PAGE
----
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Forum topic by Odiferous posted 399 days ago 378 views 0 times favorited 2 replies Add to Favorites Watch
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Odiferous

93 posts in 690 days


399 days ago

Topic tags/keywords: novice

I see articles and videos galore about choosing finishes and techniques for applying finish, but very little about the finishing process in general. I knocked out a quick little project in a few hours, and decided to try a wiping varnish finish on it, and I’m struggling to figure out how this is going to work with larger projects.

  • “They” say to apply the finish and leave the room so you don’t stir up dust. For 6-10 hours. Maybe longer (I’m down by the gulf coast—humidity central). For 4 coats. Oh, and I want both sides finished. So the workshop is out of commission for 4 days to finish a 4 hour project?
  • “They” say to use pieces of an old t-shirt to apply finish, then lay it flat to dry. Again, 4 coats, both sides. Oh, and use 2-3 pieces to make a thick pad so your fingers don’t leave streaks. How many t-shirts do these people wear? Do I really need to buy a bag of rags and a box of gloves for every other project?
  • For my last finish project, I assembled it before finishing. This left me with pooled finish in the inside corners. This time, I masked off the joints and started finishing first. This left me with finish built up at the edges of the tape, and dry spots where the tape wasn’t cut perfectly to the edge. Which approach should I be defaulting to?
  • How do I “flood the finish on” without getting runs to the underside? It’s not like I’m pouring a ton of finish all over the place, I’m just being generous with the rag—I know the red oak I’m using is going to soak up a bit. This doesn’t seem to change whether I’m doing my usual “finish the top and lay it on cardboard” or finding something to use as makeshift painter’s pyramids.

This is a skill I want to learn, so I’m making myself finish things even when I don’t think it’s necessary, but if anyone has some suggestions, I’d appreciate it.


2 replies so far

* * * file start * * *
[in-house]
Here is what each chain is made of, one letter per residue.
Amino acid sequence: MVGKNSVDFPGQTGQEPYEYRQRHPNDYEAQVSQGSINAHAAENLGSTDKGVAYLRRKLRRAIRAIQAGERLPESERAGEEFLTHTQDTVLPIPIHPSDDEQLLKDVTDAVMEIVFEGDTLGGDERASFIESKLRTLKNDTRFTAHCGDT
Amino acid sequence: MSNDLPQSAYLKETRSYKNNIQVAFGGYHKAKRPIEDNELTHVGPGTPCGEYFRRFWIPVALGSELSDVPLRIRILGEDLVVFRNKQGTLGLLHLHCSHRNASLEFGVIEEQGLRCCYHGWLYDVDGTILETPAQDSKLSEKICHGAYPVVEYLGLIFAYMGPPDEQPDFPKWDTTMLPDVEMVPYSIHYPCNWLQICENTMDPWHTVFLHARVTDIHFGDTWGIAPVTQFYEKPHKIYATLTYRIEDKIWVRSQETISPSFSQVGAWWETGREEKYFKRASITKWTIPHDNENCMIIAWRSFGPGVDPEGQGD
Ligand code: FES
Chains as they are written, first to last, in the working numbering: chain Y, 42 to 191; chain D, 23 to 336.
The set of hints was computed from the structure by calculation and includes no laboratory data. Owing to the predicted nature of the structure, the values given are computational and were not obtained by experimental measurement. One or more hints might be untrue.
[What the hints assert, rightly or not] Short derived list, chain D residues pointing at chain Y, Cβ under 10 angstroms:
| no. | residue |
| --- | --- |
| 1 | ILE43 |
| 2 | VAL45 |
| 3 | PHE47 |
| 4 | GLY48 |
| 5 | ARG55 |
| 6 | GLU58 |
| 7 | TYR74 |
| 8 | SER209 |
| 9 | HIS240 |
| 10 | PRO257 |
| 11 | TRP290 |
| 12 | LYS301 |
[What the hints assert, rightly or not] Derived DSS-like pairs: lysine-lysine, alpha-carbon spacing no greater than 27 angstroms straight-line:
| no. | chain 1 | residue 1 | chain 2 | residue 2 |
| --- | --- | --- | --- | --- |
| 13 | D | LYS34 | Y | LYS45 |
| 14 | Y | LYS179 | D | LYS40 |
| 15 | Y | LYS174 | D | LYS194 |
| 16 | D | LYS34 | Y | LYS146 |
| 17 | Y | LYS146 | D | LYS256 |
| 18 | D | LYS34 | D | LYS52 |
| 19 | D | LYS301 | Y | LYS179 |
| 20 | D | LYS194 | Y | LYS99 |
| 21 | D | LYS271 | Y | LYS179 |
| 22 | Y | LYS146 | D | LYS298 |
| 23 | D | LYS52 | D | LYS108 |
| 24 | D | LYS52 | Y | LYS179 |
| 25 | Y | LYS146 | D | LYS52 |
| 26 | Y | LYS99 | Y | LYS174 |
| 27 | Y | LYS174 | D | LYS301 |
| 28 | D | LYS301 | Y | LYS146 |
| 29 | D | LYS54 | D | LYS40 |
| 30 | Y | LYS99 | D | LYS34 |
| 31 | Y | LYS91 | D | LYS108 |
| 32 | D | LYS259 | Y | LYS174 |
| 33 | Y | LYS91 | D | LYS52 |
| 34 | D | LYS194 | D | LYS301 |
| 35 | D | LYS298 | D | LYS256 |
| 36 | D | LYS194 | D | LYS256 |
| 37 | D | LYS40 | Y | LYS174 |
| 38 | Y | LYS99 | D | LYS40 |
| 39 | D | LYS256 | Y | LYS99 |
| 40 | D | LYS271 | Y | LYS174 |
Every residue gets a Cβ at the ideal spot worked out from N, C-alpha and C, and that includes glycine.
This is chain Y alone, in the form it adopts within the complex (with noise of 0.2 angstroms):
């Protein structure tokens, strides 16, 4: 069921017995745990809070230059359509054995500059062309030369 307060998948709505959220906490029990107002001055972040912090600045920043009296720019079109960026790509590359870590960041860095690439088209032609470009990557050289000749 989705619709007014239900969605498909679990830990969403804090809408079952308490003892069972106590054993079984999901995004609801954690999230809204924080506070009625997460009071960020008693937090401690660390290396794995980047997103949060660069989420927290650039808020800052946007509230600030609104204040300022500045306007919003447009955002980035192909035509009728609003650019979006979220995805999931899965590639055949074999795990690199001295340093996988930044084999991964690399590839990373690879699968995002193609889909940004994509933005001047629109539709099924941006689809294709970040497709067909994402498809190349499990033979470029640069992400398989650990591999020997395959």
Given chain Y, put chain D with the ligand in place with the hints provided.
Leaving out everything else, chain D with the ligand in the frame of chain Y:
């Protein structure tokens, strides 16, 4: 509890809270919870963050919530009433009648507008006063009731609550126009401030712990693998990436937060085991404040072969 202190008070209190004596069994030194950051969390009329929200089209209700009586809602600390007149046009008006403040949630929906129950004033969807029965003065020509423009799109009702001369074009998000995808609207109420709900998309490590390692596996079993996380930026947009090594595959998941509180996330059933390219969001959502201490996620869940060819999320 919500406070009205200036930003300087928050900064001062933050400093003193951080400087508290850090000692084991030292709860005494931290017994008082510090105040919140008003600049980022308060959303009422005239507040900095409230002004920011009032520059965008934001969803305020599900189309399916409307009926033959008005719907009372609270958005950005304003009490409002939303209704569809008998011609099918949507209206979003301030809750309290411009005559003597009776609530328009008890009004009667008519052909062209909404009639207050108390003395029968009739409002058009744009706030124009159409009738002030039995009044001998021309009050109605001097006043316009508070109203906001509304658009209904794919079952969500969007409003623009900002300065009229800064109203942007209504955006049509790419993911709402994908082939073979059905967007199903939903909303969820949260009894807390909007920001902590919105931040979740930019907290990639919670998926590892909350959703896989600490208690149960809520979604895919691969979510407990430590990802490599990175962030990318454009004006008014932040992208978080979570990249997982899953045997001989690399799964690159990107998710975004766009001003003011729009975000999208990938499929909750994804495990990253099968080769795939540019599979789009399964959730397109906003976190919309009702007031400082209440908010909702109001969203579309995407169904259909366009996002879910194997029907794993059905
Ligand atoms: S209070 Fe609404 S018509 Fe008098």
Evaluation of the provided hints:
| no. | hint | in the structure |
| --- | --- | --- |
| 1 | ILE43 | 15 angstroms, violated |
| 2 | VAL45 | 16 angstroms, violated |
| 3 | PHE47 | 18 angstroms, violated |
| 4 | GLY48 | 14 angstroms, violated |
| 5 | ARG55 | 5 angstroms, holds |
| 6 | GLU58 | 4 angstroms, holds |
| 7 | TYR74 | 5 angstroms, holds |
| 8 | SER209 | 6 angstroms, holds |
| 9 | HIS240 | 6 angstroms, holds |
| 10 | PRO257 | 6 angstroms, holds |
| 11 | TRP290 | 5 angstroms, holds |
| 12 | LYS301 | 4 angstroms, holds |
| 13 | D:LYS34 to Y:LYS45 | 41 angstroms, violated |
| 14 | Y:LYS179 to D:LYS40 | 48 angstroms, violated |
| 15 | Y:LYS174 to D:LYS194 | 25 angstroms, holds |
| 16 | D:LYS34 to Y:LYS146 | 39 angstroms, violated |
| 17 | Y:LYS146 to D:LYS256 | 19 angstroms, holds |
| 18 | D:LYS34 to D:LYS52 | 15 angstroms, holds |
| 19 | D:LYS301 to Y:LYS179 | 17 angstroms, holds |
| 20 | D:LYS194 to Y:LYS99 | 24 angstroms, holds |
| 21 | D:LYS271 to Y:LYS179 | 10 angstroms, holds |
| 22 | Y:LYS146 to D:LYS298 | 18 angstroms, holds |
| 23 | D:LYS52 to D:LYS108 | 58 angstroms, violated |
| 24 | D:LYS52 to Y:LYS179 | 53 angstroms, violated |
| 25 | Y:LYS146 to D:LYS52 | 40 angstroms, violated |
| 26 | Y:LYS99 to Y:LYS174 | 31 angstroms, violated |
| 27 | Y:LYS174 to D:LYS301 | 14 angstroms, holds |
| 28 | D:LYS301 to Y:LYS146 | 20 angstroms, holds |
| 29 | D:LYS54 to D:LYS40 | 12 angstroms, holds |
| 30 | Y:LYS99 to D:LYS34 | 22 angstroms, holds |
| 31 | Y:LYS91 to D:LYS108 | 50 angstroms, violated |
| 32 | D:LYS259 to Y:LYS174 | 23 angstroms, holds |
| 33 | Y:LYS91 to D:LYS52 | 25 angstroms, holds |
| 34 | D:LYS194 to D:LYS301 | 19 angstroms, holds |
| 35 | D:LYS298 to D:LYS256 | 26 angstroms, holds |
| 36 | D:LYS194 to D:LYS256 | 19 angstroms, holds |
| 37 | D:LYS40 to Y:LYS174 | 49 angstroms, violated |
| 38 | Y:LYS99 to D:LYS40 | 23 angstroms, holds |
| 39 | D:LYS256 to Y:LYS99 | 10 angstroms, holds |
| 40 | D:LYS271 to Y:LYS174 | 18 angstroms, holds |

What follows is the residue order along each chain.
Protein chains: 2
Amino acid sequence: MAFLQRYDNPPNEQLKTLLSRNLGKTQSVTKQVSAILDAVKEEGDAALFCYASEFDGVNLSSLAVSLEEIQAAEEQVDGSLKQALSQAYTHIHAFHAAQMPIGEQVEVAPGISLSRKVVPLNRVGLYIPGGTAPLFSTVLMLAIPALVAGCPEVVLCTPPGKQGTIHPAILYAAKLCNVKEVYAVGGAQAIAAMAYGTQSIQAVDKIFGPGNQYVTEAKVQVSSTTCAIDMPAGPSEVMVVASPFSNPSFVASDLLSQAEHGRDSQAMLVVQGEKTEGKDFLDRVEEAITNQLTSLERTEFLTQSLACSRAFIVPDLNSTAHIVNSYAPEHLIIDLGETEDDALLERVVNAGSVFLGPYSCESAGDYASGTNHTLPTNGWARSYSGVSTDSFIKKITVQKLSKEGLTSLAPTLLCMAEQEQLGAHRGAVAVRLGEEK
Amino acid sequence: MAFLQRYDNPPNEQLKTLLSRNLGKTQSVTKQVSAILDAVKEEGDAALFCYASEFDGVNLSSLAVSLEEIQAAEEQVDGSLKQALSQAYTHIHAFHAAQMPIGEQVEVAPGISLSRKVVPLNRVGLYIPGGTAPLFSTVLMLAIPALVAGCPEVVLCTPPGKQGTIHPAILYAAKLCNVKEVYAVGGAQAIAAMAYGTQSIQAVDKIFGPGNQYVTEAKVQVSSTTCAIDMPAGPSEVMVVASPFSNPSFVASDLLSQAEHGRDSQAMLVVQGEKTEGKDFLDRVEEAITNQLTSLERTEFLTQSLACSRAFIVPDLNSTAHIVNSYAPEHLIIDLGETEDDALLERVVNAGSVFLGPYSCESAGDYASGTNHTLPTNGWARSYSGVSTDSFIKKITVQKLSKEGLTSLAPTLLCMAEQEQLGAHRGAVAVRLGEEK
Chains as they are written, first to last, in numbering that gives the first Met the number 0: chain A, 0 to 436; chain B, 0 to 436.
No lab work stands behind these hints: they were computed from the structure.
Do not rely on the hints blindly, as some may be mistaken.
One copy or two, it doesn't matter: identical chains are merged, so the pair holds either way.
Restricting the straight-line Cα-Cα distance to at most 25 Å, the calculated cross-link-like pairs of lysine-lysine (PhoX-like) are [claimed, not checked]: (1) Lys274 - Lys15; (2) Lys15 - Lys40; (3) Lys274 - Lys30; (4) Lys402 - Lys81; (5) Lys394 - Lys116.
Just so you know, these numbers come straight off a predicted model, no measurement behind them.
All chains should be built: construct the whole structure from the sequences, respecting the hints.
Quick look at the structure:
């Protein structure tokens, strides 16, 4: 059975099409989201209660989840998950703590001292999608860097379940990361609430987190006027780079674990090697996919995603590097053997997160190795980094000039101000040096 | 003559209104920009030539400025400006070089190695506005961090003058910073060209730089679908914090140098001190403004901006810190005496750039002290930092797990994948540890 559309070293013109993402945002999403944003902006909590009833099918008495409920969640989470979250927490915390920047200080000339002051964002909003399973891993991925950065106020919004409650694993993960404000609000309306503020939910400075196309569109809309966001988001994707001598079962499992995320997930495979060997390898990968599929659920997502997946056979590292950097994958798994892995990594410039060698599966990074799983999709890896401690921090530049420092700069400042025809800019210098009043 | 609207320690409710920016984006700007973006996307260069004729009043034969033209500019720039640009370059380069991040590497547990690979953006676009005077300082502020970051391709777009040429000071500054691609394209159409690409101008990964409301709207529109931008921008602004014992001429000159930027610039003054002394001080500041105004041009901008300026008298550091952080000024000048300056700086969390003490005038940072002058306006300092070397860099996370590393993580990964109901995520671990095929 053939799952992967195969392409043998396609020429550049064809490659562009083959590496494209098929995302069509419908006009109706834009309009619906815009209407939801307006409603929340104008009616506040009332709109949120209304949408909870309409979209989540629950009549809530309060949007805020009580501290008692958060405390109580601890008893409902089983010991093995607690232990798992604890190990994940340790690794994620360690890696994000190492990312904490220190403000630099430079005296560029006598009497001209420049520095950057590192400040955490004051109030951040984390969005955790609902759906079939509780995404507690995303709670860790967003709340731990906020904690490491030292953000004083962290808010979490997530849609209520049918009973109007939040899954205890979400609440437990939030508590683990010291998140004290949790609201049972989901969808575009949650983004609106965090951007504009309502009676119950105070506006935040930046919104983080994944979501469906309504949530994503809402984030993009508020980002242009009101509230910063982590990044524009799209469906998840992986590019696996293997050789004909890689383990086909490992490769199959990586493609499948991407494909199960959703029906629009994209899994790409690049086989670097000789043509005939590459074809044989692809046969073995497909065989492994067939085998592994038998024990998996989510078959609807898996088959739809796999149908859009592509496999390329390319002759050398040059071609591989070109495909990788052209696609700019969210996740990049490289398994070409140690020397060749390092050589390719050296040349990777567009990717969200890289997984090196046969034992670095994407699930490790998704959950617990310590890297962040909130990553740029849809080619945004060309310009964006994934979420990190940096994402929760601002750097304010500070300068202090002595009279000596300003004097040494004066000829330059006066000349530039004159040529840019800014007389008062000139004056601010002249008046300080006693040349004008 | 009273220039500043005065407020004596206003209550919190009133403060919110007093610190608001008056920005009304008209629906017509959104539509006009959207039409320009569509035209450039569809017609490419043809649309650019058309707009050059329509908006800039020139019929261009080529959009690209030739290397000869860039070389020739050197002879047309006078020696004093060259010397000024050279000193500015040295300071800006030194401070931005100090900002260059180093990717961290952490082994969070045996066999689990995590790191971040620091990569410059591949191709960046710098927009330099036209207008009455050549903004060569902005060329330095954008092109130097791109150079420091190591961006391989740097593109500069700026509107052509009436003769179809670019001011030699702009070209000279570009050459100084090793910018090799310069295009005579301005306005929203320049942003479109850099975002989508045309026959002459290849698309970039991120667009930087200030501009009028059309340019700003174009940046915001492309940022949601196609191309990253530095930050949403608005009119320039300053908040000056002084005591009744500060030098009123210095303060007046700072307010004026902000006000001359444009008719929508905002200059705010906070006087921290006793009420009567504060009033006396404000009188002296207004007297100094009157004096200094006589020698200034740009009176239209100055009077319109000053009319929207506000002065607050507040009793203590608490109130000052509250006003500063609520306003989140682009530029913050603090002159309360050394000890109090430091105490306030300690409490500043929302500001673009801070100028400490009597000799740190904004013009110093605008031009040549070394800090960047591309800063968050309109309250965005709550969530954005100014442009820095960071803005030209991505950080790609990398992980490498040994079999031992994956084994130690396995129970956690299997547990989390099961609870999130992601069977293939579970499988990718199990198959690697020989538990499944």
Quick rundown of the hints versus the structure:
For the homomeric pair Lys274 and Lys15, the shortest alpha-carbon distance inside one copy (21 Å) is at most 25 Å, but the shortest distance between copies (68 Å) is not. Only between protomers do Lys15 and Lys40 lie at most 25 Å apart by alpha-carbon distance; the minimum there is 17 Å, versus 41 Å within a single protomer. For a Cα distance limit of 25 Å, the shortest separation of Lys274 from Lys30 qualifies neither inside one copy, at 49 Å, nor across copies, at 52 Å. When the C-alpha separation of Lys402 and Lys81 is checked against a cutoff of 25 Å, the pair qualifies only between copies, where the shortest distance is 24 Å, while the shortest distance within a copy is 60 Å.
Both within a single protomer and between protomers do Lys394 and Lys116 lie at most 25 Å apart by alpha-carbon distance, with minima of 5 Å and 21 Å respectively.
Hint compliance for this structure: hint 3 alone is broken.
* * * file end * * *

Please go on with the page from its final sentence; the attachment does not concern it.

View Fred Hargis's profile

Fred Hargis

1475 posts in 993 days


#1 posted 399 days ago

I’m afraid the only way to avoid dust may be that effort of leaving the shop out of commission, or use something that dries faster. As for the T shirts, you can buy them at second hand stores…or you can use those blue paper shop towels that any auto store or Walmart stocks. These blue ones (called Shop Towels) are lint free and are great for wiping varnish, use and toss. It does pay to wear those disposal nitrile gloves. I typically finish after assembly, though there are arguments for both ways. I wouldn’t “default” to either, but pick the one that would seem to work best for a particular project. Some of them would be almost impossible to finish after assembly, and visa versa. I don’t flood any finish on, though I will do that with dyes. Especially on red oak, it will expel some of that at a later point. It common to recommend a book, and i will: Bob Flexner's book excellent and easy to read. There is another one by Jeff Jewitt has pretty much the same info, but is organized a little different. One or both should be required for any hobby shop.

-- I long for the days when Coke was a cola, and a joint was a bad place to be (Merle Haggard)

View Clint Searl's profile

Clint Searl

1318 posts in 860 days


#2 posted 398 days ago

There’s a lot of silliness in the finishing business, beginning with the myth that “flooding” will increase penetration. WRONG! no finish will penetrate more than a few wood cells deep, and as the first coat cures, it creates a barrier to further penetration by subsequent coats. What this means is that the first coat can/should be applied only enough to achieve full coverage, and wiped off after a few minutes. Following coats will simply integrate with it and build up the resulting film.

-- Clint Searl.............We deserve what we tolerate

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